Research in our Division encompasses epidemiological and molecular studies on viruses and bacteria, as well as their interactions with the cell and host immune responses. This includes a genetic analysis of microbial populations and host-pathogen interactions during infection, the molecular basis of infection, and the immunology of vaccines.
Our studies allow us to investigate the genetic and functional mechanisms of host susceptibility to infection. By using zebrafish as a model of disease susceptibility, and patient groups with primary immunodeficiencies we are able to discover new causative mutations that allow us to probe the cellular pathways of infection. Unbiased proteomic and metabolomic approaches are also adopted to investigate how viral infection regulates critical aspects of immune cell metabolism. These methods, combined with informatics, statistical and mathematical modelling allow our researchers to probe the behavioural and environmental patterns leading to disease. This systems-level method of thinking maximises our understanding of how infectious diseases are transmitted and guides the development of diagnoses in clinical practice. It also helps us formulate strategies for public health, infection control, antimicrobial resistance, and pathogen biology, resulting in more effective interventions, both in the UK and abroad.
In addition to these broader scientific approaches, we also use classical molecular and structural biological approaches to probe host-pathogen interactions. For example, using these methods we are gaining an understanding of how RNA viruses (e.g. Ebola, influenza, common cold, measles, West Nile virus) assemble and recognise host cells, how they deliver their genetic material into the host, and how innate immune responses are generated, amplified and regulated. Our work on retroviruses (a type of RNA virus) has allowed us to find novel strategies to target latent HIV-1, as well as enabling the development of novel vectors for therapeutic gene delivery.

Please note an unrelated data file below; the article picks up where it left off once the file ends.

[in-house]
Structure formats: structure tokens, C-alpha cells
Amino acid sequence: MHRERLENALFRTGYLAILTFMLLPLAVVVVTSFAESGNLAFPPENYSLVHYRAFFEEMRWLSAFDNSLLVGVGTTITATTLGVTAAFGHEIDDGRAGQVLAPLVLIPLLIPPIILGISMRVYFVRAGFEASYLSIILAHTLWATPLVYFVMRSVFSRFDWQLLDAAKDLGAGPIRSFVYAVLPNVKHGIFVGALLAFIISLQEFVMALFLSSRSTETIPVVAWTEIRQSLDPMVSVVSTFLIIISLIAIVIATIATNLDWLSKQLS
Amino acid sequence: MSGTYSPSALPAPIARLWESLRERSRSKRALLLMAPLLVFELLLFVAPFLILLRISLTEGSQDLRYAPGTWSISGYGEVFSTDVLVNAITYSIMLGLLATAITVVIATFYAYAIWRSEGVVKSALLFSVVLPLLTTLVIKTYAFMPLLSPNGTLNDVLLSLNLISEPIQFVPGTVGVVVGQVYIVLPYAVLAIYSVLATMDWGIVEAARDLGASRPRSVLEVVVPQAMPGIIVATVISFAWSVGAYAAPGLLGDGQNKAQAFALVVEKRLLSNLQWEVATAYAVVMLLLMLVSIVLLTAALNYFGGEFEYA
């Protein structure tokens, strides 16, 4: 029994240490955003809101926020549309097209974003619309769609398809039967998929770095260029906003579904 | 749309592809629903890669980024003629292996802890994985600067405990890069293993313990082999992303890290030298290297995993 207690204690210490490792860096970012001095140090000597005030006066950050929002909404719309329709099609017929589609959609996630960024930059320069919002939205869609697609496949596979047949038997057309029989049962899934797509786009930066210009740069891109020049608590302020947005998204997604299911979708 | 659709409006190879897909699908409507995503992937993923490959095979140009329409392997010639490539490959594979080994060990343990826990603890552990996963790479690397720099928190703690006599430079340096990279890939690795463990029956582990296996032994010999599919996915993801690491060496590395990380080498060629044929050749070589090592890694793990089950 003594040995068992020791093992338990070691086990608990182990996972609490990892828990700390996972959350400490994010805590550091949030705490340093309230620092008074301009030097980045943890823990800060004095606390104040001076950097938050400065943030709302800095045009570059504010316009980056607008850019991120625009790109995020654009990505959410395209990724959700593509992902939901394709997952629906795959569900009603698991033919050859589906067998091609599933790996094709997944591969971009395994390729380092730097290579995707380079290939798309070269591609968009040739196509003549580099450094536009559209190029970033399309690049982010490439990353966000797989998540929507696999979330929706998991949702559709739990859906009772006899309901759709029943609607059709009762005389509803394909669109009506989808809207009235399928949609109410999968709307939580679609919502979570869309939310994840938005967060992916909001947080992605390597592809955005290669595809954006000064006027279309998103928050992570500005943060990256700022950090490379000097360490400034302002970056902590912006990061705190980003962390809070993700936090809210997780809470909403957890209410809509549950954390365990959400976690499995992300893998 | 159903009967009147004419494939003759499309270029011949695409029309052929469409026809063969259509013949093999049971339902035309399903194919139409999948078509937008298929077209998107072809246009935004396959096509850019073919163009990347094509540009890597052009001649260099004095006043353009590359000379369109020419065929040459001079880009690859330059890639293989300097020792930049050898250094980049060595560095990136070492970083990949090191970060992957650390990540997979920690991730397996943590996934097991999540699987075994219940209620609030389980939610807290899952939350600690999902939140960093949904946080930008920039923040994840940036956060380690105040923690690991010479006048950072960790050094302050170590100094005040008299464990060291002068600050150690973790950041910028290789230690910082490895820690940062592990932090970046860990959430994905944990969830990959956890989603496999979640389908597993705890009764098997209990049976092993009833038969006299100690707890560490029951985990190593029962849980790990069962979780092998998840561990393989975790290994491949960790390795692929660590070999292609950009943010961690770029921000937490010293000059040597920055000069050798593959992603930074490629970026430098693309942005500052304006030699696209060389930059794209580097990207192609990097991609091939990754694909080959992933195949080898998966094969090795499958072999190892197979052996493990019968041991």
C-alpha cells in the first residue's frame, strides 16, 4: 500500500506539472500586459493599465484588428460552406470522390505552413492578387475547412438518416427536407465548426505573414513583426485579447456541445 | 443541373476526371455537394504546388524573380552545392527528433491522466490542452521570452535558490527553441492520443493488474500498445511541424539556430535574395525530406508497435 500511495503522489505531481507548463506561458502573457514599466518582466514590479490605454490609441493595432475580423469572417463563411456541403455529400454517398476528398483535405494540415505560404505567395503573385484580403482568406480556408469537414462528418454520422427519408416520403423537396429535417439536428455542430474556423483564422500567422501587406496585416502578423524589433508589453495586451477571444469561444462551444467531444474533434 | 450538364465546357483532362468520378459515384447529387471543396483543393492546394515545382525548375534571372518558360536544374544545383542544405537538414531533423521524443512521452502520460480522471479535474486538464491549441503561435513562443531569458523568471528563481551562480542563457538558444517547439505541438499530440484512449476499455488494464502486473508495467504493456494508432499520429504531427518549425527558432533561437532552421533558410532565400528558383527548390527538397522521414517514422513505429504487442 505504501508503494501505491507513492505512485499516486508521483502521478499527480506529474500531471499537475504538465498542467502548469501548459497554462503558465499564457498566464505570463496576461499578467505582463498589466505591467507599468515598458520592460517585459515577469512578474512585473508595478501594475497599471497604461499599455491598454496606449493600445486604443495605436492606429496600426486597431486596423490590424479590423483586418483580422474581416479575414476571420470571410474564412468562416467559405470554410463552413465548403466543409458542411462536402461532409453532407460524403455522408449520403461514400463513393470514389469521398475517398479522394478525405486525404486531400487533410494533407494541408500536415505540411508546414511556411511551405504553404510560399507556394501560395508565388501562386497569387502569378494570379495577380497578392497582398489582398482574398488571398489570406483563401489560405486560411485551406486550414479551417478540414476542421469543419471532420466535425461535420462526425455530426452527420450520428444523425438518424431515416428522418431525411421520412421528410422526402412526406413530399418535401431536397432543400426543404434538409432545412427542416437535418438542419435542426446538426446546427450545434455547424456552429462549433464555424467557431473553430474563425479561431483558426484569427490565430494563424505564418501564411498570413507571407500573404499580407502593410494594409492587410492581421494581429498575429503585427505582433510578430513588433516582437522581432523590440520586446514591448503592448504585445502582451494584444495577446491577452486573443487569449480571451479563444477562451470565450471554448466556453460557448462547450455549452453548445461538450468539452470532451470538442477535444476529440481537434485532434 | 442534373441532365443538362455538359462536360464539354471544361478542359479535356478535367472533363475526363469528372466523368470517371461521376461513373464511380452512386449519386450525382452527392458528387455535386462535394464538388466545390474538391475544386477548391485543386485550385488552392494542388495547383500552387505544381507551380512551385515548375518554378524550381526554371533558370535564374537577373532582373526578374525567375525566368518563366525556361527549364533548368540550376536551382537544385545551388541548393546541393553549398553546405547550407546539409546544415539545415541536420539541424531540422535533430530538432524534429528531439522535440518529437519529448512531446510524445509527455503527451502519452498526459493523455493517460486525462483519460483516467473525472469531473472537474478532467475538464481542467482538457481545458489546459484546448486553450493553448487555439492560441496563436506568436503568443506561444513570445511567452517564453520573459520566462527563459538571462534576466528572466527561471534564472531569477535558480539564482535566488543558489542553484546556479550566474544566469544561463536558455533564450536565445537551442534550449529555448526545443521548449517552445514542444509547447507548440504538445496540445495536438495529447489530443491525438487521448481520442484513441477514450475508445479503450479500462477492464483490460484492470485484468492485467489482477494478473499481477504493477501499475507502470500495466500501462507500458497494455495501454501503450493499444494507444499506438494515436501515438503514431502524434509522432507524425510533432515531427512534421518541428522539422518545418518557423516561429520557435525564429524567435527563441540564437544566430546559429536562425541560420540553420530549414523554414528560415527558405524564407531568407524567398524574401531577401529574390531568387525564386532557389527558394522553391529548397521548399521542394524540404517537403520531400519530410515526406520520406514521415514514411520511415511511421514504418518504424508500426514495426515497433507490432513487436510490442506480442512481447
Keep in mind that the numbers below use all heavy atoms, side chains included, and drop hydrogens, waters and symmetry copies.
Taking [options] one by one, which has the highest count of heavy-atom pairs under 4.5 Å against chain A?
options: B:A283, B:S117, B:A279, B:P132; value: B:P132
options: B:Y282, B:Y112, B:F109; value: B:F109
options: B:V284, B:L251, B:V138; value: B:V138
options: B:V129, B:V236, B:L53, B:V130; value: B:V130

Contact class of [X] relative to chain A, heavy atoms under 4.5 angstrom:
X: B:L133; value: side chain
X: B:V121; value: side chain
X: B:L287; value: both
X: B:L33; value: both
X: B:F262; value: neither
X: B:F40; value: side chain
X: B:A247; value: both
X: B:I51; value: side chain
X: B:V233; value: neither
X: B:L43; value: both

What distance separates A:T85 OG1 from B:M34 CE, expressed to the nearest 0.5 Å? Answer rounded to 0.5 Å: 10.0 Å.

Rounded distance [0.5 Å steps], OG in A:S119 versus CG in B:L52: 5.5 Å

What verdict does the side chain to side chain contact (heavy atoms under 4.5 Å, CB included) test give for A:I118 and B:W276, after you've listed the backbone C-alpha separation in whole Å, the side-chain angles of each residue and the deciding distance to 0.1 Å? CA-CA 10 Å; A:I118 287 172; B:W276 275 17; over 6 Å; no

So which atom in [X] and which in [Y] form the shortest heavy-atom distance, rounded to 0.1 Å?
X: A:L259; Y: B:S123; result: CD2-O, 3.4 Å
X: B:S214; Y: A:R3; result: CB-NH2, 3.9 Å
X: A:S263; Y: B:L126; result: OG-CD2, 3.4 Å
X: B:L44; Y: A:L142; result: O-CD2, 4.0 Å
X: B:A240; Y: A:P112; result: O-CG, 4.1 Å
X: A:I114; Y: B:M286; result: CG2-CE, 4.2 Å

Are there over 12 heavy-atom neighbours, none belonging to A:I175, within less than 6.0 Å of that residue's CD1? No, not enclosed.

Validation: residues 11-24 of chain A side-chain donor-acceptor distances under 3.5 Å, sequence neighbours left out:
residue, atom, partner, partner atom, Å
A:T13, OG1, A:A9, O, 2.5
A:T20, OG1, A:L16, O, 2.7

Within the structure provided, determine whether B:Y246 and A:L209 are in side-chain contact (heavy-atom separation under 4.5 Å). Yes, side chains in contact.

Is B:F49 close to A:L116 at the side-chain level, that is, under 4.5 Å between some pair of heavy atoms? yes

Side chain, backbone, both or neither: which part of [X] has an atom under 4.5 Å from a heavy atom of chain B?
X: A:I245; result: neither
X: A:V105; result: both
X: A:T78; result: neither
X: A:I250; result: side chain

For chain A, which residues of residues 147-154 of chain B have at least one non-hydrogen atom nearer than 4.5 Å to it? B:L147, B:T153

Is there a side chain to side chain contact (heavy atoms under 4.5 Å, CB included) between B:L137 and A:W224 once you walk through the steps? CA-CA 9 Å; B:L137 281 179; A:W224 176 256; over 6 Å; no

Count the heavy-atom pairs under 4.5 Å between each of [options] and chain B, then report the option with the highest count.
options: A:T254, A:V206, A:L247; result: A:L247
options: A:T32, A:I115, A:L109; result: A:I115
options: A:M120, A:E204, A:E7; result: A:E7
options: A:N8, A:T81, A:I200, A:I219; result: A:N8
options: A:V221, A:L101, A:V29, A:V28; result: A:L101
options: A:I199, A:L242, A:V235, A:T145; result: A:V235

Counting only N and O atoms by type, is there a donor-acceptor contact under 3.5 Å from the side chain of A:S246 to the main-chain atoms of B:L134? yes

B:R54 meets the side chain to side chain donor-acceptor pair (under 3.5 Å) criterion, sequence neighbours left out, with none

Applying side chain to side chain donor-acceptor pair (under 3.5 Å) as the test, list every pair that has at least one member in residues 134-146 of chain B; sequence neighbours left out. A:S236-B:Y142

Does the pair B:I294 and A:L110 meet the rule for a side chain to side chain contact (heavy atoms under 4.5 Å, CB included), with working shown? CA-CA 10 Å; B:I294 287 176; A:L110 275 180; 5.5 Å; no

Other viruses, such as human cytomegalovirus (HCMV), may never cause symptoms following infection, and remain latent for the rest of the person's life. Indeed, HCMV is found throughout the globe and in all socioeconomic groups; it infects 60% - 70% of adults in industrialized countries and almost 100% in emerging countries. However, these infections can become life-threatening for individuals whose immune systems are compromised or immature (such as HIV-infected persons, organ transplant recipients, newborn infants). Another of our aims is to discover how they are able to persist in healthy individuals by evading the immune response, and what cellular factors control this viral latency and their eventual reactivation. Ultimately, answers to these questions will provide us with a clear strategy for treating latent infections.